After your doctor notes down your symptoms, your doctor will your tummy to note for any lumps and if you are sexually active then the internal examination will be done. Based on the findings you maybe advise for any of the following tests.

1. Ultrasound examination: to check any abnormalities within your womb. Of the two methods of ultrasound transabdominal (TAS) &  transvaginal (TVS), TVS would be preferred in sexually active women as this gives accurate results since the ultrasound probe is close to the pelvic organs. As the name suggests "transvaginal" the ultrasound probe is placed in the vagina while performing an ultrasound. 

2. MRI / CT scan: may be required sometimes, MRI is preferable in young patients.

3. Sometimes you may be advised to have a biopsy of the inner lining of the womb (endometrium), this can be done in OPD / out-patient clinic and doesn’t require admission nor anesthesia.

4. Hysteroscopy: You may also require hysteroscopy; this is a procedure wherein a thin telescope will be passed into your womb to look for any abnormalities. This procedure is usually done under anesthesia. 

What are the treatment options?

Medical management: In the management of AUB, medications are often the first choice.

1.  Oral contraceptive pills (OCP) / birth control pills: these pills will help in making your periods more regular.

2.  Gonadotropin-releasing hormone agonists (GnRH): these medications are sometimes prescribed to reduce the menstrual cycle and this medication may be given to shrink your fibroids.

3.  You may be advised to take tranexamic acid on a monthly basis to decrease your flow of menstruation.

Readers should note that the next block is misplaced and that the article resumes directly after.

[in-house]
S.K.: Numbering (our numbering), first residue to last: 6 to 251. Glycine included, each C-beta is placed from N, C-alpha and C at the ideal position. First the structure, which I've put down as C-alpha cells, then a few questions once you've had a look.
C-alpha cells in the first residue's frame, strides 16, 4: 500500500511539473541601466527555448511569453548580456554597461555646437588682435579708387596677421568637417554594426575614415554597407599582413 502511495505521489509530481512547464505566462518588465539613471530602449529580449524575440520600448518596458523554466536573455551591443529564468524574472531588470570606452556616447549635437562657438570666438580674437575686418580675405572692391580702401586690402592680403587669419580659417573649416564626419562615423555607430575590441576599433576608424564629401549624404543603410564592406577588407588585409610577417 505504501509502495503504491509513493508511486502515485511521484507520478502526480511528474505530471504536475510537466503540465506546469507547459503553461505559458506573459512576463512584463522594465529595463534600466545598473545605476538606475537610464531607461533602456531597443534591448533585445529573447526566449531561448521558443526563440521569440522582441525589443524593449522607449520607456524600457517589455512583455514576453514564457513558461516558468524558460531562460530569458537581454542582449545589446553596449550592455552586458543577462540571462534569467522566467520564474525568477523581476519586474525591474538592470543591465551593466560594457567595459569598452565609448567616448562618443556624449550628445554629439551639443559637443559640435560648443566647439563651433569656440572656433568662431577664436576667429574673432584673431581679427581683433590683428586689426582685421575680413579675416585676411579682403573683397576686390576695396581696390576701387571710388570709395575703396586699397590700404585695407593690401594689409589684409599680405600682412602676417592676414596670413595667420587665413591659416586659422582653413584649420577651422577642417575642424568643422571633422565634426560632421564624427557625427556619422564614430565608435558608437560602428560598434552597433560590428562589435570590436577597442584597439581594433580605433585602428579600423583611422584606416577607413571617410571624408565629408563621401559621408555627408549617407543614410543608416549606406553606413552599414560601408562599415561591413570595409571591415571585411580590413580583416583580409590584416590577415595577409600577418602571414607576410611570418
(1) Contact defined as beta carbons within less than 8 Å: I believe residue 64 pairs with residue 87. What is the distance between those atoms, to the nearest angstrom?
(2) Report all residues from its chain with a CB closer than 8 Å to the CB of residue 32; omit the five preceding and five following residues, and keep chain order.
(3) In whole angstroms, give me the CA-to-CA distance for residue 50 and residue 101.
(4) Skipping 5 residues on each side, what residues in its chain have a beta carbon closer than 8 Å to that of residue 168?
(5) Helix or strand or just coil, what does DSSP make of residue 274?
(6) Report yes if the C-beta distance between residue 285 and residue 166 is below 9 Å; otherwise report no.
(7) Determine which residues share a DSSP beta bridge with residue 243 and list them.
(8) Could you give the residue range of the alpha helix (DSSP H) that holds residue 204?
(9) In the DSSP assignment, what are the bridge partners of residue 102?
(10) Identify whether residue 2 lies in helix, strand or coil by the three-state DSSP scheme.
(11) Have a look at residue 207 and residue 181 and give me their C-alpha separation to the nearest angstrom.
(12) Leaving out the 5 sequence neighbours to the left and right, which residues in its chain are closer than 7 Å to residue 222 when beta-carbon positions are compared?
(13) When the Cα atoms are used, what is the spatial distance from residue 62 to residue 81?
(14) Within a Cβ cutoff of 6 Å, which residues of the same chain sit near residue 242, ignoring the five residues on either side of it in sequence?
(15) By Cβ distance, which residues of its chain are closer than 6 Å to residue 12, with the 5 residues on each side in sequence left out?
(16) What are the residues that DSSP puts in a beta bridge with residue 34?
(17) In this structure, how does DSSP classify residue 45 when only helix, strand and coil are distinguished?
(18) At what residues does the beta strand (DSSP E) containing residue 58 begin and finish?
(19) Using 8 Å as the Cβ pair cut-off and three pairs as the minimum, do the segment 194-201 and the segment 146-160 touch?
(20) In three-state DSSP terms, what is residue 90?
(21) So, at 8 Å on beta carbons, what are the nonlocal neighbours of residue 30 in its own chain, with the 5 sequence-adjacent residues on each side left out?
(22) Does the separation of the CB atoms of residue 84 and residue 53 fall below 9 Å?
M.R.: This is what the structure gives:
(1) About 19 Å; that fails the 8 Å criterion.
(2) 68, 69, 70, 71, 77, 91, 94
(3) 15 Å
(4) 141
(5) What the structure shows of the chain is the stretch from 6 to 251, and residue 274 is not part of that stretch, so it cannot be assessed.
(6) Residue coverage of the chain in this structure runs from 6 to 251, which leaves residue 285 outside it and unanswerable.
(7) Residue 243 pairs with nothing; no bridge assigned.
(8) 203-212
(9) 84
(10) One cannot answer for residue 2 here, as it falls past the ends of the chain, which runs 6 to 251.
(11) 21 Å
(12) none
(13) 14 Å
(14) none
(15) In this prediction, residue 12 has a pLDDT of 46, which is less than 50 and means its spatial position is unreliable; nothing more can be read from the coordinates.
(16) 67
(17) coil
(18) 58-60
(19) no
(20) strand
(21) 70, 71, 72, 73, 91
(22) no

4.  Sometimes you may be given anti-inflammatory drugs which will control heavy bleeding.

5.  If you have any infection then you may be advised to take antibiotics.

Surgical management: if medical management doesn’t help in reducing bleeding surgery may be advised to treat the condition causing AUB.

  • Endometrial ablation:  this is a method wherein a device is inserted into the uterus and the energy device destroys the lining of the uterus. After this procedure, the amount of bleeding is reduced or can stop completely. Pregnancy is unlikely to happen after ablation since the lining of the uterus is destroyed and hence the embryo cannot implant, but rarely it can happen. If pregnancy does happen, the risk of serious complications is greatly increased. If you opt for this procedure, you will need to use birth control until after menopause. 

  • Uterine artery embolization: this is a procedure used to treat fibroids. In this procedure, the main blood vessel to the uterus is identified and is blocked, which in turn stops the blood flow to the fibroid and thus the fibroid shrinks due to lack of blood supply. Similarly, the uterine artery is the main blood vessel to the uterus and there are two (right & left) branches. In case of abnormal uterine bleeding both the branches can be blocked so that bleeding during menstruation decreases. There are conflicting side-effects and pregnancy outcome following this procedure, to know more about this procedure talk to your doctor. 

  • Hysterectomy: this is the last step in surgical management and that is the surgical removal of the uterus, which is used to treat some conditions or when other treatments have failed. Some doctors would advise you to have the fallopian tubes removed at the same time and the ovaries can be retained depending on your age. As the uterus is removed, a woman can no longer get pregnant and will no longer have periods.